As well as having a choice to make about working personally, you also have to decide as a couple if you’re making the choice that’s right for both of you. Making solo decisions can hurt your marriage; both you and your partner need to participate in this decision-making process. “Any time we take action before we’ve talked it through with our partners, the less likely we are to have it come out well,” says Wolf-Pizor.
Worry: I’m concerned about my son being closer to his caregiver than to me.
What Moms Say: A mother of two, Allison Schut worried that her son Nathon would be confused about who his mother was; he spent all day at the sitter’s house and cried when Schut came to pick him up.
What You Can Do: “I found a sitter who was excellent about giving me detailed updates on [my son’s] day, everything from his moods to his sleeping, eating, and pooping. That makes a really big difference when it comes to feeling included in your kid’s day,” Schut says.
Schut adds that she was able to work only the shifts that she wanted to, so she still spent a lot of time with her son. Being a nurse meant that Schut was able to work a “casual” shift (she wasn’t actually scheduled for regular times every week). When she was called in for work, Shut could say yes or no to the shifts she was offered.
Dr. Nancy D. O’Reilly, MD, a clinical psychologist, author, and founder of Womenspeak.com in Missouri says not to worry. “Bonding begins at birth and depends on the mother-child interaction,” she says. “There is no research to suggest that the more time she spends with the baby will ensure bonding will be better or worse.”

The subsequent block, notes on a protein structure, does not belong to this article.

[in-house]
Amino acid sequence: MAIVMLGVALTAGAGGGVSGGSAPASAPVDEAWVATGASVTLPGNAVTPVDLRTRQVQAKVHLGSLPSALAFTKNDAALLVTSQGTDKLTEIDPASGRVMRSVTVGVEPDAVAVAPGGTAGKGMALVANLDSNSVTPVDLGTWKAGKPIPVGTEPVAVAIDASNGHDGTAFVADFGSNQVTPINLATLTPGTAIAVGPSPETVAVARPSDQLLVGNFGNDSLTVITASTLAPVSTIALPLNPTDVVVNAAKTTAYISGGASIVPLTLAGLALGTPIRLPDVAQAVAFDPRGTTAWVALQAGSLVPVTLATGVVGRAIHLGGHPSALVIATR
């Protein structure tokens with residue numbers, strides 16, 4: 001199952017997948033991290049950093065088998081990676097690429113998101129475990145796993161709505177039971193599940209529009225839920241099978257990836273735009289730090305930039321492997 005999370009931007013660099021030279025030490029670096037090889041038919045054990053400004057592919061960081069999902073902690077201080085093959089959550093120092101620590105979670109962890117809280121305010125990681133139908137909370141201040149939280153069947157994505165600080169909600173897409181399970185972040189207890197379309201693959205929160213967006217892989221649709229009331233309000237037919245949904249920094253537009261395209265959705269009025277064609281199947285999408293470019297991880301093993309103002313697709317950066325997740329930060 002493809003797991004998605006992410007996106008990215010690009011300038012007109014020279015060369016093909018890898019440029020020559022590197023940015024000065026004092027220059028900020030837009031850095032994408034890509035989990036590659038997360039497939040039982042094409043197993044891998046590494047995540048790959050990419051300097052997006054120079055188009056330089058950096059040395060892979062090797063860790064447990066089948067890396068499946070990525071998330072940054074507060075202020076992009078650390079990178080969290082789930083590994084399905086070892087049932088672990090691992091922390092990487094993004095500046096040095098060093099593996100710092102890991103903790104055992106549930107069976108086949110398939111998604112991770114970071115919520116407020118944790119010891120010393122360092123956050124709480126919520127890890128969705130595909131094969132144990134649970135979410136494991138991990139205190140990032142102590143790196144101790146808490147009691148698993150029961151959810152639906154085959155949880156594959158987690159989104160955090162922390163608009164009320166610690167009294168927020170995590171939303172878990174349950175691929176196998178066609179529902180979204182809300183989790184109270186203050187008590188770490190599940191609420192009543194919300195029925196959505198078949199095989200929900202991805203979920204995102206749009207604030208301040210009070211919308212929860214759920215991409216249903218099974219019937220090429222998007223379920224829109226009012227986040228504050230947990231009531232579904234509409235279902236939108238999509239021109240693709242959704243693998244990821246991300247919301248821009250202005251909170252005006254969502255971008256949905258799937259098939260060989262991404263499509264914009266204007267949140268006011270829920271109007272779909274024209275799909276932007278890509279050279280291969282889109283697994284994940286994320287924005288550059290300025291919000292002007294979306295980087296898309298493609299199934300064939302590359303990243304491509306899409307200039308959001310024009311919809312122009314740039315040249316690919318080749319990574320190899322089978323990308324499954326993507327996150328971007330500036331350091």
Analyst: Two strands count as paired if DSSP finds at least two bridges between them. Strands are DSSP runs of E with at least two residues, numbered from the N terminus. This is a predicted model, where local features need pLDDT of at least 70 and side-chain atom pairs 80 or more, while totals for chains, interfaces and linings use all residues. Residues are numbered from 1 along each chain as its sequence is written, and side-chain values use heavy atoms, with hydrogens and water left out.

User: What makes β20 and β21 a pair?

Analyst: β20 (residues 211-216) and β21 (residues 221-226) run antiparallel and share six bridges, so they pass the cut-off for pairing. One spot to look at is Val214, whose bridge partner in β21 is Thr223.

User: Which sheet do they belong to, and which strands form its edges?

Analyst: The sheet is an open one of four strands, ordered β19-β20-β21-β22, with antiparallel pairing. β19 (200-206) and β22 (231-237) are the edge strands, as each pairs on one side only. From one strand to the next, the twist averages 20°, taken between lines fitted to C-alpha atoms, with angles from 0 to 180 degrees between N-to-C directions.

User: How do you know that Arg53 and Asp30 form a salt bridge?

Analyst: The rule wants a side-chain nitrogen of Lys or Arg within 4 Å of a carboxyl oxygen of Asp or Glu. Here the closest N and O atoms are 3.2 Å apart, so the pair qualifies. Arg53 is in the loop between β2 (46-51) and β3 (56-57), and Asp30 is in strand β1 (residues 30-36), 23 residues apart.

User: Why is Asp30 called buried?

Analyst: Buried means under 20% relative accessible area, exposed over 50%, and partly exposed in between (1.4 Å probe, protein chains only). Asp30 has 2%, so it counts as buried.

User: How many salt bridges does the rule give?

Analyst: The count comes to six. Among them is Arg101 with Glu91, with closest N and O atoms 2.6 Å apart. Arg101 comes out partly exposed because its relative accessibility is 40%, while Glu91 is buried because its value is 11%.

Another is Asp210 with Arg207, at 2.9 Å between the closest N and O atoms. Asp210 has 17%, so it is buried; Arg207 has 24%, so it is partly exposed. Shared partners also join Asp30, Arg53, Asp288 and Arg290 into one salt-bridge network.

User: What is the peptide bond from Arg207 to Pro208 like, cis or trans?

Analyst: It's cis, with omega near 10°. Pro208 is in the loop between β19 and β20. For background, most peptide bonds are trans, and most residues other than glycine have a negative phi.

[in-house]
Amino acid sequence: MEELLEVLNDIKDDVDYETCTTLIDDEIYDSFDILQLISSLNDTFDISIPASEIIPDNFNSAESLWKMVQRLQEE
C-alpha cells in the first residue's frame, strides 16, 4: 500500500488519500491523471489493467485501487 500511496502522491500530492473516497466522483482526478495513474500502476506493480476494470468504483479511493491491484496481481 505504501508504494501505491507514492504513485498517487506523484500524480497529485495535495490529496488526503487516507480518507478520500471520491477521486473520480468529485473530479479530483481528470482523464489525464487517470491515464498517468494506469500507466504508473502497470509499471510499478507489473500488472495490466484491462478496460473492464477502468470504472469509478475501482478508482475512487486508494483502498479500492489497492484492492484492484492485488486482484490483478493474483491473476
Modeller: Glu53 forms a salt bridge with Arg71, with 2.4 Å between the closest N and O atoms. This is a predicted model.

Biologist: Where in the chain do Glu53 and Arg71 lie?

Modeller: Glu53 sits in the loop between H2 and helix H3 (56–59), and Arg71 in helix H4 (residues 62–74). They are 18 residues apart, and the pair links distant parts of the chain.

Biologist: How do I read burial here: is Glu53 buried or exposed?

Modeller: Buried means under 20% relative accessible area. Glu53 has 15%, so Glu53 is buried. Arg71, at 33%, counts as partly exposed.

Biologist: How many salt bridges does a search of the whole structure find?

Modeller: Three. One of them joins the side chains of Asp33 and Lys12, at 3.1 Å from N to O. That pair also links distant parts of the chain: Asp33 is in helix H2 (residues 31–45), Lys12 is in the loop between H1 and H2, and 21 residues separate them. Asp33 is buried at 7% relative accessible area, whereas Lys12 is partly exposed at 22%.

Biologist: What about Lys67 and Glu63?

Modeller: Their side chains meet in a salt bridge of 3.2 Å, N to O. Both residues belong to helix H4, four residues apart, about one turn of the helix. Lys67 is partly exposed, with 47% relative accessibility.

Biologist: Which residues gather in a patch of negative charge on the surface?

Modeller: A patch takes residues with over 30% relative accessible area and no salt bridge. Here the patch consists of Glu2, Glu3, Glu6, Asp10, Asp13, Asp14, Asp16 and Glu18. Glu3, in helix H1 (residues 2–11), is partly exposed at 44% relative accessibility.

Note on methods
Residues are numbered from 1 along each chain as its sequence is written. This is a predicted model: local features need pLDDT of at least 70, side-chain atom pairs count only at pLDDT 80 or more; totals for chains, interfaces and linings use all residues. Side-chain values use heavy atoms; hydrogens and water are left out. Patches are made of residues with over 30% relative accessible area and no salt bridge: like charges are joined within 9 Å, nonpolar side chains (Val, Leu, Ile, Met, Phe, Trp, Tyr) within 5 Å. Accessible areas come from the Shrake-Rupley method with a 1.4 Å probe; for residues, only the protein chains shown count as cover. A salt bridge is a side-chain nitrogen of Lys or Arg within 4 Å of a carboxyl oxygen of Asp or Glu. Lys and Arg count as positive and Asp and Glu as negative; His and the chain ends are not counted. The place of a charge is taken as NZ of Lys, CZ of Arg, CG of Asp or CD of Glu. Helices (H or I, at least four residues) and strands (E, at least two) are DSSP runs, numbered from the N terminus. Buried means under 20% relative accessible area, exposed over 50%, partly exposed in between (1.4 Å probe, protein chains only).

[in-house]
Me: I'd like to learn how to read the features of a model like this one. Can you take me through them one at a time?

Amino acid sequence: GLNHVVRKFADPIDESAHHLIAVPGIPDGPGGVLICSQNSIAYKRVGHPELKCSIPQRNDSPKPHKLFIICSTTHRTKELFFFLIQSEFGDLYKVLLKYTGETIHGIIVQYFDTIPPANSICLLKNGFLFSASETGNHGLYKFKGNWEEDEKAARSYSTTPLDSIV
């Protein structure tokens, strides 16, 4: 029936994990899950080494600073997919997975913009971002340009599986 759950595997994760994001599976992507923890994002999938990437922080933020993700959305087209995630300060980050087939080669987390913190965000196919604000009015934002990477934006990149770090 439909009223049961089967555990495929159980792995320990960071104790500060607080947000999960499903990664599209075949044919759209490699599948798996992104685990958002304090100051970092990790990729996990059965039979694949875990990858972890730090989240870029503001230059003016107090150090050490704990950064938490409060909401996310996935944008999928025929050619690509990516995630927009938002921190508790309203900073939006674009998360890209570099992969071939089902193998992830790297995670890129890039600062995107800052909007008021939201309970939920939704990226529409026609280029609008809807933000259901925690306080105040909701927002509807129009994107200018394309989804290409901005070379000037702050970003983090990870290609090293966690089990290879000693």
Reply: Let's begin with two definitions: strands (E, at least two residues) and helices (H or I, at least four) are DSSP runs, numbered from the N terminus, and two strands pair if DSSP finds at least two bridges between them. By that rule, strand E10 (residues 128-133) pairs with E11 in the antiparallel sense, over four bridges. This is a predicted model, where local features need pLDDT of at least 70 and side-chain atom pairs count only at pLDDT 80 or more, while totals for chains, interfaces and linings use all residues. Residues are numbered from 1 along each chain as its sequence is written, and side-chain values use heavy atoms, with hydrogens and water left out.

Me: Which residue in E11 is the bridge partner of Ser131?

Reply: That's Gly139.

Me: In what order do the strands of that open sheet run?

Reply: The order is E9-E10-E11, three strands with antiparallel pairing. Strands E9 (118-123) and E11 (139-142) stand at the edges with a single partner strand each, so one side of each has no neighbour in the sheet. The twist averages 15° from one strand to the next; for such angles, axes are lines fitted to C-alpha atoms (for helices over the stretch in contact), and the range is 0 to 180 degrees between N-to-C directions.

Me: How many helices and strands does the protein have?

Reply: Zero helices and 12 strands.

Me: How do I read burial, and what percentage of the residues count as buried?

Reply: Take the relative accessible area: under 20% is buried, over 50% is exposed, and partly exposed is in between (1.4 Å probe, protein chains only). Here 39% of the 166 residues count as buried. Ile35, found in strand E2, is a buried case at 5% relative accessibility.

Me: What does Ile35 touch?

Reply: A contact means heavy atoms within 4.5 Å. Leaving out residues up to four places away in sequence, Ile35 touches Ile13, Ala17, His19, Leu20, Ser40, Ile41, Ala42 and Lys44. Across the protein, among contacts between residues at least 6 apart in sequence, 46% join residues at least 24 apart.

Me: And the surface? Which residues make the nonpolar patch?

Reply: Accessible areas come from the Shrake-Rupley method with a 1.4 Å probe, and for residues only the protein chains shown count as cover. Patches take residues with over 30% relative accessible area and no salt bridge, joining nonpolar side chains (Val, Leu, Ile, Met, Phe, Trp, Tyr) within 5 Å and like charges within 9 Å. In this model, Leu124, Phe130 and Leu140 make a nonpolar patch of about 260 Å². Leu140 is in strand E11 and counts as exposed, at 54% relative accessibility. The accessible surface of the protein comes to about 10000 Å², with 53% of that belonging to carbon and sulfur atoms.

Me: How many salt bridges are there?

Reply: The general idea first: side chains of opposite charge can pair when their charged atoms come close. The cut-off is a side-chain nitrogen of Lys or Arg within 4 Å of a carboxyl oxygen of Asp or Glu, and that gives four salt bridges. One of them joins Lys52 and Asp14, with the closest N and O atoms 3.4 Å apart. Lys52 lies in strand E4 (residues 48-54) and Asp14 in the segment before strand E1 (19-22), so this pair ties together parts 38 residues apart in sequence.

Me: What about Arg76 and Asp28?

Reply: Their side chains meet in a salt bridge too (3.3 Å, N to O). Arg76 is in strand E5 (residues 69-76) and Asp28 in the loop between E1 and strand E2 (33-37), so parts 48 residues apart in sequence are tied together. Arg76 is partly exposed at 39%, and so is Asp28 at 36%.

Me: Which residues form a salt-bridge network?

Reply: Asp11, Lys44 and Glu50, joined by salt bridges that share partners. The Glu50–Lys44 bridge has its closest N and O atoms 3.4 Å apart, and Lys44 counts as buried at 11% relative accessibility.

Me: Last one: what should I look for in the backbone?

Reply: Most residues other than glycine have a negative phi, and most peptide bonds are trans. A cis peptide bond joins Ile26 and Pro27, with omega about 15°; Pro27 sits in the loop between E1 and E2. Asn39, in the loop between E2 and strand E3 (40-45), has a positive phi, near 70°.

Worry: I’m concerned that if I go to work I won’t get to enjoy spending enough time with my kids.
What the Experts Say: “The same old problem that we have—to work or not to work—is one that keeps us not feeling very good,” says Wolf-Pizor. Very often, working women worry that they’re not giving their children the same quality time stay-at-home moms offer.
What You Can Do: According to Wolf-Pizor, the most important thing for moms to ask themselves is, “How is my child going to be cared for, and by whom?” Wolf-Pizor says that the parents and the larger family (grandparents and close friends) need to make these decisions together so that Mom doesn’t need to face this decision alone and without support. When a mother knows that she’s not isolated in making these choices, especially when considering childcare, she can relax and worry less about being away from her child.